This is probably on the most successful and popular programs to come from ABC television since Desperate Housewives. With the show being watched by over 12.9 million viewers and receiving 3 2012 Primetime Emmy nominations you would think that Disney would want to capitalize on the new ABC fan fiction drama. Especially since the second season of the show is going full force right now. Currently, there is nothing inside any of the Disney Parks to help promote this show. You would think that a show that is so entrenched and loved by hardcore Disney fans would have some sort of presence inside of the parks. We have seen a few couple of instances where the stars of Once Upon a Time have visited Disneyland. Now I realize that it would be very difficult to find a story thread where the characters that all live Storybrooke, Maine happen to find themselves all the way in California. And whats more, in the midst of all the usual chaos that happens on the show each week, it would be difficult to imagine the characters taking time to visit the park. We all remember the adventures of the Tanner family, and more recently, the cast from Modern Family, around Disneyland with ABC and Disney cameras in tow. That being said, it would be interesting to see exactly what Disney could do to fold in and cross promote this hugely successful tv show into its theme parks.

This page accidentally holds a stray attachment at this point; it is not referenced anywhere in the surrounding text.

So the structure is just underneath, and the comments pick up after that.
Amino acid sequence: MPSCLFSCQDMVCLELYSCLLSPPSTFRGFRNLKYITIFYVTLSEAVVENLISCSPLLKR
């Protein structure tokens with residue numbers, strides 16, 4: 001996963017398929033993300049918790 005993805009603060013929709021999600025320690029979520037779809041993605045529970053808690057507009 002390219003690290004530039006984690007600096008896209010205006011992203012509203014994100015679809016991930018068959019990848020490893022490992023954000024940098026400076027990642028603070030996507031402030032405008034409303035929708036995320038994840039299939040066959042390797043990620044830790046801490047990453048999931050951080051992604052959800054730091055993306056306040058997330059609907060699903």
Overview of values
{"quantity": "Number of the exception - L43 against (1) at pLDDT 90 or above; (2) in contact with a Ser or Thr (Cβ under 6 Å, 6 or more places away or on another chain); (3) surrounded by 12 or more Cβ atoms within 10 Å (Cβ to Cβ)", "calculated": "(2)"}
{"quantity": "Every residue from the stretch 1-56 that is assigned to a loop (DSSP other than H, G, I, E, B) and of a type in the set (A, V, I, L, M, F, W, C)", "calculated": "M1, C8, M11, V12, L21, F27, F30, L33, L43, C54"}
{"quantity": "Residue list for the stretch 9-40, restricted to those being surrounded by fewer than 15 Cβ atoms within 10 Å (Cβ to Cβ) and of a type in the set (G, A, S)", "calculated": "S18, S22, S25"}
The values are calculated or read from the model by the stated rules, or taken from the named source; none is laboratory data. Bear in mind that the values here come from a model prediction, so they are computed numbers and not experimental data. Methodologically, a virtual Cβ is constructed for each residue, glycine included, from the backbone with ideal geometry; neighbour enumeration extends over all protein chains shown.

The list of Disney properties that could be cross promoted and folded into the Disney parks could go on and on. As a Disney fan, let me be the first to say that I get a bit annoyed when Disney tries to fold in almost every tv show and movie already. The lack of original stories and characters in Disney attractions is nothing short of frustrating, but from a strict business standpoint I am confused as to why Disney has failed to fold in some of these hit movies and tv shows. In a company that is infamous for pimping out their intellectual property across all of its business divisions it looks like they have missed the boat on a few projects. Be it the creative constipation that blocks great ideas on the doorstep of one of the many Disney vice presidents, or the arrogance of the company thinking that these movies and tv shows can stand on their own merit, Disney is sending mixed signals across the board to it fans, and more importantly, its shareholders.